“What we have to remember here is the legacy that we’ve inherited under our ground that stems back to 1984 and then the John Major era when the closure of the National Coal Board led to the Coal Authority.
“This was all done before devolution and therefore the Coal Authority is the sole domain of the UK Government. I do know that the local constituency politicians have written to the minister responsible for that outlining the issues that we’ve currently got.”
Cllr Helen Ceri Clarke, who represents Coedffranc West, asked if there are arrangements in place which require the Coal Authority to update the council on how often it inspects its coal mines.
She asked if such measures could be arranged if they have not been already “to ensure surrounding areas are safer for residents”.
Cllr Jones said the Coal Authority responds directly to the UK Government but NPT Council has commissioned an inspection of all coal tips in the county borough, owned by both the council and private companies.
He added: “There is always accountability and at some point there will be a review of what happened here.”
Cllr Jones praised staff and members of the community who came together to help the flood victims.
He said two of the council’s senior managers who helped out by answering calls and emails did so while they were grieving over the loss of parents just a week before the flood occured.
“Although they were suffering pain themselves, they did not want to see our community in pain.
“The wider community of Neath Port Talbot’s been affected and we’ve all come together to make sure that this community gets back on its feet as soon as possible.
“I cannot praise our staff high enough in relation to the way that they not only reacted to this crisis, which is devastating members of this community.”
Residents have also raised £1,500 for the Salvation Army, who has been delivering food and clothing packages to the flood victims.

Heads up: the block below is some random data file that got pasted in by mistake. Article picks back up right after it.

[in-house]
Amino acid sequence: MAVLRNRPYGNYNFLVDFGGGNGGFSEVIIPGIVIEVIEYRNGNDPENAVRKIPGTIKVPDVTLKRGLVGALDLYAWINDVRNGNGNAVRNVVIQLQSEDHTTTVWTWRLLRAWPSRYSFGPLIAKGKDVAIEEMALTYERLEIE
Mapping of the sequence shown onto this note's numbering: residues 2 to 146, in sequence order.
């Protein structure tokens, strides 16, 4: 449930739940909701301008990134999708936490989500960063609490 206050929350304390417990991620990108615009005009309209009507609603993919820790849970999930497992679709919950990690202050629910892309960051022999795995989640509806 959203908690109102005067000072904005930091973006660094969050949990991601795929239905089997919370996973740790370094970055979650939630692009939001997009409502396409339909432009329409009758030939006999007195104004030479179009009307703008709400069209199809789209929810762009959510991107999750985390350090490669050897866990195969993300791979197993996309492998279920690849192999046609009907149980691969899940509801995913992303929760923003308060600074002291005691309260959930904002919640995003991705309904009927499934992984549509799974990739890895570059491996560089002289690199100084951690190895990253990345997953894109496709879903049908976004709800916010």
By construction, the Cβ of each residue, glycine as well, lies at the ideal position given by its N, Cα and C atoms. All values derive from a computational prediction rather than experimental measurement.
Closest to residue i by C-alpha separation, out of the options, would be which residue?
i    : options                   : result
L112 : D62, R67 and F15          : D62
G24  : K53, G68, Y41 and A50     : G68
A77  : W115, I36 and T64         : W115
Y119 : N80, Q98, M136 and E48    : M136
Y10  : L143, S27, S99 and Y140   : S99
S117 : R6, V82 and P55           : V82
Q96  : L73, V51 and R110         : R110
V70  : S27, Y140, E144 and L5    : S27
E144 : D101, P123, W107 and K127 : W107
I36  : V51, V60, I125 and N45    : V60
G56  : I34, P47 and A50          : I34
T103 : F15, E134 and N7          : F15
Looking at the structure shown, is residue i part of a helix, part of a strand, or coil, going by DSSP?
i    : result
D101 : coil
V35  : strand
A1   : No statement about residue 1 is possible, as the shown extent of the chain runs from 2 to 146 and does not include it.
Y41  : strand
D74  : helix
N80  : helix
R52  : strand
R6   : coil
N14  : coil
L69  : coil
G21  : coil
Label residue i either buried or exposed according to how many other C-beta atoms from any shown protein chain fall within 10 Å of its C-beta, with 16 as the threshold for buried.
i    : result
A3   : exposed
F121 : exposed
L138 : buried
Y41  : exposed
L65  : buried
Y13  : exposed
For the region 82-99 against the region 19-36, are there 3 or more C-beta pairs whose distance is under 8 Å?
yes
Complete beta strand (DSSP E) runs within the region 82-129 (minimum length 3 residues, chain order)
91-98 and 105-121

NPT Council has set up an online system to pay affected residents on behalf of the Welsh Government. Those with insurance will receive £500 while those without will be entitled to £1,000.
The council will also launch a council tax exemption scheme for all properties affected by the flooding.
An information centre has been set up at Abbey Primary School for residents and more agencies will be delivering support services this week.
Cllr Jones said: “As the initial shock wanes, people will become angry, people will want to blame someone. We will deal with our communities as best we can.
“This isn’t about blame, this isn’t about pointing fingers. This is about getting people back on their feet as quickly as we can and as safely as we can.
“It is apparent at this very early stage that costs will be significant. Early discussions will take place with Welsh and UK Govs to secure additional funding to meet the costs that will accrue from this incident for the council and for the residents themselves.
“Because of the remediation works needed at the site some of the residents will be affected for some time.”